The 20th century saw the advent of the “donut city” where Central Business Districts (CBDs) would hollow out after working hours, and became rather dilapidated areas with somewhat dangerous reputations.
But things have reversed in recent decades. The lower Manhattan area that houses Wall Street and the East London neighbourhoods around the City of London are prime examples where concerted revitalisation efforts are bringing people back to live in downtown areas.
New York City’s Financial District has been steadily attracting new residents into an area that offers exciting cultural activities alongside good schools, extensive parks and numerous children's programs popular with young families.
Projects like Howard Hughes’ Pier 17 redevelopment, opening later in 2018, will feature a mall, world-class restaurants and the Culture District’s exhibitions with partners like the Guggenheim Museum. The newly opened Fulton Center transit hub and One World Trade Center are bringing new vibrancy to the city.
Local resident Catherine McVay Hughes told Great American Country what she loves about staying in the CBD, “There are lots of pockets of parks. The entire Hudson River Waterfront has been newly renovated, and the East River Waterfront is being renovated. There's a huge strip where you can take long walks, and there are also bicycle paths. There are also phenomenal restaurants on Stone Street. It's only open to pedestrian traffic, and on beautiful nights it's packed with people going down there to eat."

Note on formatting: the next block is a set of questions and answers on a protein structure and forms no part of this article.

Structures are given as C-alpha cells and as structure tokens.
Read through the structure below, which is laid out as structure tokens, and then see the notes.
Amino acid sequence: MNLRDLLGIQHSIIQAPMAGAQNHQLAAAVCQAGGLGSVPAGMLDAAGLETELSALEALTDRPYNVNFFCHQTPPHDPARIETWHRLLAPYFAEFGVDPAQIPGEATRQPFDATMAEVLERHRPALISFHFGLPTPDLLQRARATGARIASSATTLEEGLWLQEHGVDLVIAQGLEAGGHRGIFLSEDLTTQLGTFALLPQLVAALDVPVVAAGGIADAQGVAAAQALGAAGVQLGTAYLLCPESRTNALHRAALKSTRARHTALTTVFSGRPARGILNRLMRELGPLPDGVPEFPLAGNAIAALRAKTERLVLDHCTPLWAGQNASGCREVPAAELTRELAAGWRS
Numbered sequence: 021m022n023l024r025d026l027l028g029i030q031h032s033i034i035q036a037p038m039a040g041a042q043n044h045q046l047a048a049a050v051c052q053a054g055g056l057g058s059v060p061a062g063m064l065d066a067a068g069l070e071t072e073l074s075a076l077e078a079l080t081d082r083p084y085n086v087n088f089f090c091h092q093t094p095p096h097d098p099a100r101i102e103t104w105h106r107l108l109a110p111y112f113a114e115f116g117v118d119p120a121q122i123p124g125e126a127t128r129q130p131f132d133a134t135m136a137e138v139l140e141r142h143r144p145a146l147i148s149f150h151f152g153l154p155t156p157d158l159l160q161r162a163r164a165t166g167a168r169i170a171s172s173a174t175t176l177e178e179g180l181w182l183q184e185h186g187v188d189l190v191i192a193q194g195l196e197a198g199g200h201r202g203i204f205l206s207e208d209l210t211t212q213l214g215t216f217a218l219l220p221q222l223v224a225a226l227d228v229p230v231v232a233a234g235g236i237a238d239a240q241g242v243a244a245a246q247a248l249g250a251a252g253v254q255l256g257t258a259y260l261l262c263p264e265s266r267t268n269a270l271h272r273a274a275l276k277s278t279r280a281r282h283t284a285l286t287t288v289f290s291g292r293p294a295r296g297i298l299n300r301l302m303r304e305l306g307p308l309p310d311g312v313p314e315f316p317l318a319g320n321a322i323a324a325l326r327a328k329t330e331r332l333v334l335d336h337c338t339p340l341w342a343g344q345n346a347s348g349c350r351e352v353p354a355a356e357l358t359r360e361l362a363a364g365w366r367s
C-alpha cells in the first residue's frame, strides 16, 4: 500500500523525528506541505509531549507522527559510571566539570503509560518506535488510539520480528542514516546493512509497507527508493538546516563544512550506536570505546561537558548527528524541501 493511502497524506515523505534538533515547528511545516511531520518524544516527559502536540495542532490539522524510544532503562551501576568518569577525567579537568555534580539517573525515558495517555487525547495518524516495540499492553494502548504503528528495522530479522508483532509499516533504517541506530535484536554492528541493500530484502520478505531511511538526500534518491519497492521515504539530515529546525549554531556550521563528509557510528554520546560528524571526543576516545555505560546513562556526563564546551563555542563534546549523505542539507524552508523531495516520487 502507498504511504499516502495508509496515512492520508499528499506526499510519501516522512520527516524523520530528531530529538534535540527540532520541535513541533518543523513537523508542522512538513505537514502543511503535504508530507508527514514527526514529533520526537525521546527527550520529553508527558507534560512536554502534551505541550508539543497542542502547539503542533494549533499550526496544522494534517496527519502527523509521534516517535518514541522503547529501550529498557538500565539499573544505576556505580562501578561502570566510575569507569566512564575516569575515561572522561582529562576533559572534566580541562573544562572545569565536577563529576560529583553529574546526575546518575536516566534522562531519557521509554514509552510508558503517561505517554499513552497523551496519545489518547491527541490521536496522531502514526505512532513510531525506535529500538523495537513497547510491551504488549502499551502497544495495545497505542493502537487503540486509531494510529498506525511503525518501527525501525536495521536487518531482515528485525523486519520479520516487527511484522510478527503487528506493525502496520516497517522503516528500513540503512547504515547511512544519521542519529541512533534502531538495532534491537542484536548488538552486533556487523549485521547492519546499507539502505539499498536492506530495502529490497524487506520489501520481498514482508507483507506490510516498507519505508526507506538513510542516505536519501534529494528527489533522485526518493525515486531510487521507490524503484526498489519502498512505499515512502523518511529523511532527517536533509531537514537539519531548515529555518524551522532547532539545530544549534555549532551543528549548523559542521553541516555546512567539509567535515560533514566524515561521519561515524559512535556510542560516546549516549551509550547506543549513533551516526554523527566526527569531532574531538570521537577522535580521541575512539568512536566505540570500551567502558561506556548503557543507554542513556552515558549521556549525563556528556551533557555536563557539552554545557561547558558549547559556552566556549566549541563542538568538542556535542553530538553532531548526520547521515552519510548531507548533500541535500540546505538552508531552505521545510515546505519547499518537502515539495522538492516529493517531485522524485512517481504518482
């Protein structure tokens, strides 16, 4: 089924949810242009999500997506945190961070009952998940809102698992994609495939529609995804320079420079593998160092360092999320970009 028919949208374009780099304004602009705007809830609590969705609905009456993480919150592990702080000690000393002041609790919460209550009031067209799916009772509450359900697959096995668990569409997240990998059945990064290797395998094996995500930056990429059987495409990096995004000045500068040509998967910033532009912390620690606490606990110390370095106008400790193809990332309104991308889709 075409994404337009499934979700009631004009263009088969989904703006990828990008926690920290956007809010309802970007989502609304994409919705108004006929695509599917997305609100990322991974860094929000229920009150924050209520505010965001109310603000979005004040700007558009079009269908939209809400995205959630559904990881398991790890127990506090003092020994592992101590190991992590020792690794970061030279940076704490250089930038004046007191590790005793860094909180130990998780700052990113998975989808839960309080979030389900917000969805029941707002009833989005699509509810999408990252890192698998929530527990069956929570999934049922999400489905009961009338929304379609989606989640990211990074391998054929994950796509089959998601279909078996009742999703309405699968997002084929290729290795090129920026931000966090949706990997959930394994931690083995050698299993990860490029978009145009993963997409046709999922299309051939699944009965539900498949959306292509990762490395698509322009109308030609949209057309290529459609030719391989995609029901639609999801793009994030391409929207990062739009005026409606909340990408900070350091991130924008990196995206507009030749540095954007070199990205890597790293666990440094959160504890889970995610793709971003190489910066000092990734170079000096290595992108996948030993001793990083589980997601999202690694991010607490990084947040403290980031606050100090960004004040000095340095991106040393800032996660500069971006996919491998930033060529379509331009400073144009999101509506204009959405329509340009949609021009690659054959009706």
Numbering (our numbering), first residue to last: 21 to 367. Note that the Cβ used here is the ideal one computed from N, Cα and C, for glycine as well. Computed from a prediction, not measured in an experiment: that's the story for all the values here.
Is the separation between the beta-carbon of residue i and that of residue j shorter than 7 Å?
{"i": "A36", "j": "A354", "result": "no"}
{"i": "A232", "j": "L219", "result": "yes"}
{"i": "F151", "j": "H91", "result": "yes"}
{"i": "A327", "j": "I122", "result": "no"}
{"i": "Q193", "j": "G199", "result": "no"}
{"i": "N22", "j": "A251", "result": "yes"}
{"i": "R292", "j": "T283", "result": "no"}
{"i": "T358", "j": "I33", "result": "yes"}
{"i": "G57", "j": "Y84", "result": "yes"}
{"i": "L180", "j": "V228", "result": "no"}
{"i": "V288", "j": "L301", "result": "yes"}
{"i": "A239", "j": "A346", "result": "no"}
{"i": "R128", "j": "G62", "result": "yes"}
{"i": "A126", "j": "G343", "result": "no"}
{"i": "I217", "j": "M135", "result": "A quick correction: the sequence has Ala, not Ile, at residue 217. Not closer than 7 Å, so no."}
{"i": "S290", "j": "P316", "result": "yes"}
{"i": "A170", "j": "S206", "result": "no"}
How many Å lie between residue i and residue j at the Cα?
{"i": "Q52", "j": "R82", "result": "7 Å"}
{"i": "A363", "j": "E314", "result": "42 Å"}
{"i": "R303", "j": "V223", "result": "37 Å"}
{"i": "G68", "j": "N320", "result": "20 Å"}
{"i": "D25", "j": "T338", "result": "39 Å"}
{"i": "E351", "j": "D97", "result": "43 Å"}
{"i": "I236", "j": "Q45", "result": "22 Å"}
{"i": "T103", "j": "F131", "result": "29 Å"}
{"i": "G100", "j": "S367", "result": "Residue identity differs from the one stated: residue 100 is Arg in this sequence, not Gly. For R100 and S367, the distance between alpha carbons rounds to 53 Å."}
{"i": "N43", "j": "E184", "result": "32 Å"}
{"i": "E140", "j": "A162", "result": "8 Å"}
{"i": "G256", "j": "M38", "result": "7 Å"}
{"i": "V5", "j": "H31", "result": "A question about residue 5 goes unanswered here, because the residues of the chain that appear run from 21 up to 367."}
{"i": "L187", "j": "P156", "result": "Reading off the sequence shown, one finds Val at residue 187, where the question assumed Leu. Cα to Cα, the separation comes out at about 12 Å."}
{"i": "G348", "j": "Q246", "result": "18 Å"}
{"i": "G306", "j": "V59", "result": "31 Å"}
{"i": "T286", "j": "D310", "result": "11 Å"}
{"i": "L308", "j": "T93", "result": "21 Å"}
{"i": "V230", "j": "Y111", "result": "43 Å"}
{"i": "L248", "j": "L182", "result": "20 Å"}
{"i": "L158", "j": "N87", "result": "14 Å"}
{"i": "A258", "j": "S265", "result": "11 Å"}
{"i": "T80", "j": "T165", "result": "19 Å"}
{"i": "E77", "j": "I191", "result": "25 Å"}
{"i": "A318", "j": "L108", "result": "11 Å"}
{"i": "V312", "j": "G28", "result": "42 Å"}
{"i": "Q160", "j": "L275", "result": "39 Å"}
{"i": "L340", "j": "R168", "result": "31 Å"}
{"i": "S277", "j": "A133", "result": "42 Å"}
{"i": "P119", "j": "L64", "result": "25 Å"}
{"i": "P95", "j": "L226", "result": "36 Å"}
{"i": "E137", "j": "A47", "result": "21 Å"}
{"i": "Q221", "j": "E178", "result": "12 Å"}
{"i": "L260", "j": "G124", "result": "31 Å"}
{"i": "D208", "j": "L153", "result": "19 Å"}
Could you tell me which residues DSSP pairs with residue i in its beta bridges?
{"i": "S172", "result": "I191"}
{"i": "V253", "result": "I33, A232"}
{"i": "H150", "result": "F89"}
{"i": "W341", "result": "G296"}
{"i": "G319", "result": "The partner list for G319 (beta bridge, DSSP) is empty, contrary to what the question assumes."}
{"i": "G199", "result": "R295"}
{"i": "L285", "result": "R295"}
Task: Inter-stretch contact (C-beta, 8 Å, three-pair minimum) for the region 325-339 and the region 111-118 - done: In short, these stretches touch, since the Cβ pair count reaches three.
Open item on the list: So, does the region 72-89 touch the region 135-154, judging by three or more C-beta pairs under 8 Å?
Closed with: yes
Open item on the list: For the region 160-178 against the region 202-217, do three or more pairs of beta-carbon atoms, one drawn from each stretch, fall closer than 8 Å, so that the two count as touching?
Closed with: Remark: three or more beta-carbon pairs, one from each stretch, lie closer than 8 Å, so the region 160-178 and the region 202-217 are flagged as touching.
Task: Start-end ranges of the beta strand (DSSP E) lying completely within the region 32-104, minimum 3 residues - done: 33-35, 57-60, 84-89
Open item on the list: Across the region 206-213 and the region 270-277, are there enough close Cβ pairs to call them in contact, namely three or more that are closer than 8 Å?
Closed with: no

Over in East London, the Olympics four years ago brought improved infrastructure, transforming an already lively area into a creative hub and nightlife destination. Art venues like the Whitechapel Gallery and creative businesses such as games developers and production companies have moved in around the Old Street Roundabout. The nightlife around Hoxton Square and Brick Lanes is now second to none.
Imran Ahmad, a bank executive who works in the City, chose to live in the area for the convenience which saved both time and money. “My family lives in Letchworth, the first garden city designed as a suburb for workers in London. But nowadays, it doesn’t make sense. I would be spending hours and hundreds of pounds commuting, whereas by moving close to the financial district, the Tube ride is no more than 10 minutes or I can walk to work in half an hour.”
The trend in CBD living is also becoming popular in Kuala Lumpur, especially now that transport links in the city are now nearing world-class.
We have seen the success of master-planned mixed developments, such as KL Sentral and KLCC, that came up last decade. Soon, TRX, which already has the best connectivity in the city being directly linked to three major highways and housing an MRT interchange, will take CBD living to another level.
New residential options in TRX and its neighbour Bukit Bintang City Center, along with their top-notch retail offerings, green spaces and plenty of entertainment and F&B offerings will bring together all the attractive ingredients of city living.
This will draw people back to the city, giving KL citizens a boost in joining in the global trend of moving back into revitalised city centres.